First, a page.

Please keep in mind that these are juvenile examples, far from being mature, and that any minor flaws will eventually disappear. Please review our numerous articles and care instructions for information on growing various types of succulent leaves and preventing soil displacement during shipping, among other topics.

Unfortunately, we are unable to delay shipping on these specific types because our inventory is always fluctuating and what we currently have may not be available tomorrow, next week, or next month.

How are succulents multiplied?

When the light is not directly overhead, bring back outdoor plants to the garden. Create a shallow depression large enough for spreading roots by working the soil until it is crumbly.

Place your plant carefully inside of it, then add a layer of soil about an inch thick to gently cover the roots. To secure, lightly tamp. After a day, give the plant’s surrounding soil a gentle misting of water.


With the cutting method, all you have to do is cut off a portion of a leaf or a stem, let it dry, and in no time at all, you’ll have roots and shoots. To keep it completely dry is the trick.

These are two approaches:


A plant that has become tall and spindly or whose lanky, bare limbs hang downward like a pendant can benefit from this treatment.

Simply trim off the plant’s head, leaving approximately an inch of stem still attached. Dry it, let it to develop roots, then plant.

A healthy beheaded plant’s remaining stem should produce new leaves in a tight cluster, strengthening and improving the plant’s appearance.

As said, plant heads and leaves used as cuttings need to dry out and develop roots before planting.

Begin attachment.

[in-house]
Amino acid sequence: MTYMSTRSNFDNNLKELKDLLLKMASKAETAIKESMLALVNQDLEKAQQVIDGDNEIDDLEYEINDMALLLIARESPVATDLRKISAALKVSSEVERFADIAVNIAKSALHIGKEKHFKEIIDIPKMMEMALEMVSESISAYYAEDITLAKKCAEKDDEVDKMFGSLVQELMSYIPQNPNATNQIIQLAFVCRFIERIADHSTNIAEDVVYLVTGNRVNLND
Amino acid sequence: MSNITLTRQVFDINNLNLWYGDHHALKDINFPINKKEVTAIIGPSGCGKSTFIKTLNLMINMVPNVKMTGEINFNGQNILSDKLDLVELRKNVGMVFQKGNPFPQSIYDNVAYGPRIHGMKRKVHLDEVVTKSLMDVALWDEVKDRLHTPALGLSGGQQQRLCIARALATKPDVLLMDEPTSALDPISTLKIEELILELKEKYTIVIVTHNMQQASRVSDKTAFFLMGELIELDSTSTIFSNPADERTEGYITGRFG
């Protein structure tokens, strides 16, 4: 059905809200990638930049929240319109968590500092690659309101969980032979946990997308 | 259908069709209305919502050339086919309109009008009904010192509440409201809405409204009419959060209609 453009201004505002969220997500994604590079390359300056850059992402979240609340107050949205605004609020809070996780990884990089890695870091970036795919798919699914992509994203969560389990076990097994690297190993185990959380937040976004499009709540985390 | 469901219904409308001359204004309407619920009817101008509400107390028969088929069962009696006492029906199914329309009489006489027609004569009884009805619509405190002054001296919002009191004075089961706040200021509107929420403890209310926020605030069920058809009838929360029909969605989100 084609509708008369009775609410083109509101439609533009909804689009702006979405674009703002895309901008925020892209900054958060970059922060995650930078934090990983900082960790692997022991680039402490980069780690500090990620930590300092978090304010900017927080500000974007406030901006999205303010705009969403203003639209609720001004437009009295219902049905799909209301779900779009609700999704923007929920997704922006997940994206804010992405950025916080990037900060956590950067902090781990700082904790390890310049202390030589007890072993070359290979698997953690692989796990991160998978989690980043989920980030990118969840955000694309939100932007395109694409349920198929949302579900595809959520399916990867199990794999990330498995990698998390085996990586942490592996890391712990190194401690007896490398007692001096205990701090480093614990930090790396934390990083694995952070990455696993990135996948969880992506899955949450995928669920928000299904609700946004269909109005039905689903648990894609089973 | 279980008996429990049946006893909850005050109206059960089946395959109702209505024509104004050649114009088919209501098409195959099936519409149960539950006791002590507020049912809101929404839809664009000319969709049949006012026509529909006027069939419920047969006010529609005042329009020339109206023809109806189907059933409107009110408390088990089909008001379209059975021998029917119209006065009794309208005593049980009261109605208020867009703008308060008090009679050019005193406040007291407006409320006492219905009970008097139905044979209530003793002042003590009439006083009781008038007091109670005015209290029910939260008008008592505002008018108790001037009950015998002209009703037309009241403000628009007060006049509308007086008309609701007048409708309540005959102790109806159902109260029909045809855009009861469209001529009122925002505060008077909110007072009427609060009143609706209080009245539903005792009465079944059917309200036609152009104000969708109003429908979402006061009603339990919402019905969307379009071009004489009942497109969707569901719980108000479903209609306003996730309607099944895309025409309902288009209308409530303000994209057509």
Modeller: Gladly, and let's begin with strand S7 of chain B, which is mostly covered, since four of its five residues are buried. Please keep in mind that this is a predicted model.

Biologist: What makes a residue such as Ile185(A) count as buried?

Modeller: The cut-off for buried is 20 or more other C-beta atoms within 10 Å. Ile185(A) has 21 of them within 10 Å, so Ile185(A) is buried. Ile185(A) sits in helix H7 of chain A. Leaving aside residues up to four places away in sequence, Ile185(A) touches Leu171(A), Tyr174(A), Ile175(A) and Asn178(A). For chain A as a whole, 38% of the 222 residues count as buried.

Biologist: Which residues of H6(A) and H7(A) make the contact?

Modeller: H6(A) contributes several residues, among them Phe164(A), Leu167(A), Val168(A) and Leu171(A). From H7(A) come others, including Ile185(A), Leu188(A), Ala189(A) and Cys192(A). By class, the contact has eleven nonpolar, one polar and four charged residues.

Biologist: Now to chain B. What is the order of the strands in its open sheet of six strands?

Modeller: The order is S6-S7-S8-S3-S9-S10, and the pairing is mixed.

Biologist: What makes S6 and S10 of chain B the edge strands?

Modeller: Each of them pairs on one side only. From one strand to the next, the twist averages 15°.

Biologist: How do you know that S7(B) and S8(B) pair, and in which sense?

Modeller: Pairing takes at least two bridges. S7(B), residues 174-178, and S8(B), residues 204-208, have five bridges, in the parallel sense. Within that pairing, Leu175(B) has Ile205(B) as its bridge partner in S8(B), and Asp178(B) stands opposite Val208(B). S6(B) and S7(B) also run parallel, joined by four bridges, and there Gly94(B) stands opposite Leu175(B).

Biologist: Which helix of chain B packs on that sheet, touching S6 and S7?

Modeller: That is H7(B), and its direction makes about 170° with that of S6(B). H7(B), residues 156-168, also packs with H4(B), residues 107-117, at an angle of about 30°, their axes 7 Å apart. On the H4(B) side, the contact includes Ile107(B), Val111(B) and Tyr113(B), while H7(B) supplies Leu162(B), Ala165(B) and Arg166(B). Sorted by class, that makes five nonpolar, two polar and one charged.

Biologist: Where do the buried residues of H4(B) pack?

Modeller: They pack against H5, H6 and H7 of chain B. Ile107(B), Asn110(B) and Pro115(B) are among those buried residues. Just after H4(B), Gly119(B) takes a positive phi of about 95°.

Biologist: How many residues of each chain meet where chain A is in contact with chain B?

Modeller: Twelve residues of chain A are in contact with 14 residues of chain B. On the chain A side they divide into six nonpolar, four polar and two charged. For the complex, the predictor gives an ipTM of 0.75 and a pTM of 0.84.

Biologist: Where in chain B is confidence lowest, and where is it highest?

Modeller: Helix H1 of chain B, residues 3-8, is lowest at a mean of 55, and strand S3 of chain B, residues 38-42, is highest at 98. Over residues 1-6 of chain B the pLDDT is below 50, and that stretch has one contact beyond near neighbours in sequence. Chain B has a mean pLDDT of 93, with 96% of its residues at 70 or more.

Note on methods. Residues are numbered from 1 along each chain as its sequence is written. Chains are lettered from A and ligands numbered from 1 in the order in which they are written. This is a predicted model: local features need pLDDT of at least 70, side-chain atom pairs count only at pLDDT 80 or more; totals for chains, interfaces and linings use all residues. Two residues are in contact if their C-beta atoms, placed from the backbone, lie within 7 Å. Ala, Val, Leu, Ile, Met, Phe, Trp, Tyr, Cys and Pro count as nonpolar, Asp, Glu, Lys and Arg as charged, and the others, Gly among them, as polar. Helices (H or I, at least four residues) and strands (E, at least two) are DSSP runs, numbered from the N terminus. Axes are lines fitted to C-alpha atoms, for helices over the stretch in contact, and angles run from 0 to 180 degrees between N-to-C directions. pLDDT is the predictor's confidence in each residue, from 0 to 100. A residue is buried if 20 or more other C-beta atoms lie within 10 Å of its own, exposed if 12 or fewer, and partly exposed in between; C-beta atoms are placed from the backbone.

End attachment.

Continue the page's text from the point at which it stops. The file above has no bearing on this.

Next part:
It’s easy, really! This is how:

Can Gollum Jade be multiplied?

To reproduce something is to propagate it. Whether by the dispersal of seeds, the cutting and replanting of plant segments, or any other method of plant reproduction. Propagation is when a gardener manually reproduces a plant, as opposed to how a plant naturally reproduces.

When propagating gollum jades, one of the finger-like leaves is cut or removed and replanted in soil. The leaf will soon start to develop roots, giving rise to an entirely new plant. The plant that is reproduced will be a clone of the original, sharing its DNA and traits.

Jade plants naturally go through this process in the wild, when fallen leaves start to take root adjacent to the original plant. Wind squalls or flowing water both have the potential to carry leaves away. The leaves will start to develop into a new plant once they are buried in the fresh soil.

How are trumpet succulents propagated?

The majority of them are found in Mexico, although there are also some in Central America, South America, and the United States. Rocks, forests, and dry regions are favorable to them in their natural habitat. The species can have a vast range in their evergreen or deciduous characteristics. Short stalks (cymes) bearing flowers arise from dense rosettes with vibrant leaves. Echeveria have multiple carps. They may therefore blossom several times over their lives. Popular host plants for bees and butterflies include echeveria.

The species can withstand drought, although it thrives with some water and fertilizer. Its hybrids and cultivars typically have lower tolerance levels for frost, continuous shadow, and intense sun exposure. Most plants in temperate climates lose their lower leaves in the winter, becoming “leggy” and less appealing. This can be avoided by employing grow lights or continuing to provide up to half a day of sunlight. Additionally common pot plants, echeveria can be found in most succulent collections. They are easily multiplied by dividing offsets (pups), leaf cuttings, and seedlings.